You’re working behind the counter at a convenience store. It is almost midnight when an older man walks into your store. He has a knife and demands the money from the cash drawer. You back away and let him have the money. You call 911 and report the crime. The robber advances toward you. You present your firearm and he attacks you. You shoot him several times until he stops. You get your phone again and tell the dispatcher you had to shoot your attacker. Police arrive a few minutes later and you put your gun away. EMS takes your attacker to the hospital.
You give the police a brief statement. The police recover your attacker’s knife from inside your store. You are not charged with a crime.
Additional sources here.
I like that our defender was armed at work. She recognized that a robber with a knife was a lethal threat. She protected herself rather than fight over the cash drawer. She retreated and called for help. She defended herself when the attacker then tried to close the distance to her. She shot several times and then stopped shooting when the attacker stopped advancing. Our defender kept in contact with the 911 dispatchers and put her gun away when the police arrived. She gave the officers a statement. That is so much to get right in such little time that I think our defender had a plan.
These stories are always incomplete and the news articles didn’t include a security video. Your security comes first. It might not be safe to call 911 from the far corner of the store while the robber is still inside. Ideally, we’d like the clerk to retreat to the back office and lock the door before she makes the 911 call. We don’t know the details. We don’t know if there were other customers in the store at the time, and that may have been why she didn’t feel safe leaving the front of the store when a customer who walks in might be attacked by the robber.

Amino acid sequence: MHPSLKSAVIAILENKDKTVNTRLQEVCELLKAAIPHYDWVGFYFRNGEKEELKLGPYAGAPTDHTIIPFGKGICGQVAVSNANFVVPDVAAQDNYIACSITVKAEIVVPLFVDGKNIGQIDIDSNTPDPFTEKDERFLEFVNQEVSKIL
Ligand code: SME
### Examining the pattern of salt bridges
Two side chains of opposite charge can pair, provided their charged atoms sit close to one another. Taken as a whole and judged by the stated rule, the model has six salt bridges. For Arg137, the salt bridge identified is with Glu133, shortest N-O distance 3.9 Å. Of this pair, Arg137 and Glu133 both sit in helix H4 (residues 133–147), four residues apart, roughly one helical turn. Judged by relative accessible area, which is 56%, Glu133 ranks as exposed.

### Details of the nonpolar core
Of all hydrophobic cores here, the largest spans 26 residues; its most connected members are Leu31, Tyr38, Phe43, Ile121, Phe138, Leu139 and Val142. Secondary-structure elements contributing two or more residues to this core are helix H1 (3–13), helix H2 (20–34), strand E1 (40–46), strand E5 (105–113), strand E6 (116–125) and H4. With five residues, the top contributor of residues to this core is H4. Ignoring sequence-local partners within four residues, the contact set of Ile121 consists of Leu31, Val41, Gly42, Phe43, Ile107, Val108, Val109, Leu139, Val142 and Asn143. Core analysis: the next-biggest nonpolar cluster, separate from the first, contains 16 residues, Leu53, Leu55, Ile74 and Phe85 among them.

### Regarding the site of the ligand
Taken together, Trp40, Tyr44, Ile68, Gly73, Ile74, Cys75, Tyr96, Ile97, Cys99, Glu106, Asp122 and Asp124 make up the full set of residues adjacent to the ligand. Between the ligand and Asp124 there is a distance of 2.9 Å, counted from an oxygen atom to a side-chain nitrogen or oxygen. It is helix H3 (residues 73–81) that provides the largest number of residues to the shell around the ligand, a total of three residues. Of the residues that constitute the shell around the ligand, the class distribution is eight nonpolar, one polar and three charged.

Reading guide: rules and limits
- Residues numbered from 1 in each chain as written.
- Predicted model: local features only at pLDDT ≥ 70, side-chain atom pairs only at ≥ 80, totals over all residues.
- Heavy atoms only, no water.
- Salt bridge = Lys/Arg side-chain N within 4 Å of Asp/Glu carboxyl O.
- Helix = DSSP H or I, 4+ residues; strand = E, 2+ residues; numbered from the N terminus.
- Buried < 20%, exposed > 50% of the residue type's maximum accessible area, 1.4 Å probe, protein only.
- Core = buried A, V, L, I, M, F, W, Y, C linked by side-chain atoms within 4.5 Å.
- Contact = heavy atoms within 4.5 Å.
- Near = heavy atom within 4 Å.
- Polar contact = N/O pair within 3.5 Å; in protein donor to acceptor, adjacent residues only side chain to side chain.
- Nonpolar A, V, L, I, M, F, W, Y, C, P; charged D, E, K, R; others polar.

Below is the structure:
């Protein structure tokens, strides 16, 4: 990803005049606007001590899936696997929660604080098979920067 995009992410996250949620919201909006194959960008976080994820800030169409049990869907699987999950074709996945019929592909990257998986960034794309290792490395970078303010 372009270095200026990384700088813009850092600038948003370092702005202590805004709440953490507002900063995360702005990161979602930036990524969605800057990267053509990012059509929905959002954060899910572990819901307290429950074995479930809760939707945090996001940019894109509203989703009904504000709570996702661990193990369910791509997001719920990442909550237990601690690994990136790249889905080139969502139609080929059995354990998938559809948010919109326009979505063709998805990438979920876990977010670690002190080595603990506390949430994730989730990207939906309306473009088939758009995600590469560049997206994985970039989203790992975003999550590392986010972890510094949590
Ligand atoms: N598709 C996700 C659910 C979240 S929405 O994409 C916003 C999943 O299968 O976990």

I’d also like the store clerk to have her concealed carry permit even though Texas is now a constitutional carry state. That carry permit shows the responding police officers that you have a clean criminal record. That helps establish that you were the victim rather than the perpetrator. The news story says the robber attacked the clerk but we don’t know the extent of her injuries or when they occured. Perhaps her injuries indicate that the defender let the robber get too close to her. Perhaps her injuries occurred earlier when the robber first announced his crime. I assume the store had a security system and we’d also like to be able to give the security video to the police.
There is a lot we can do to help our case. We’re going to be upset by the time the police arrive. That means we need a plan about what to say. The police are there to collect evidence of a crime. Point out where the attacker’s knife might be. Point out any injuries you have. Tell the officers if there were any witnesses or security video. Show them about where you think you were standing when you had to defend yourself, but avoid specifics. Let the details wait for your official report that you’ll submit with your lawyer. Your lawyer needs a copy of the security video too.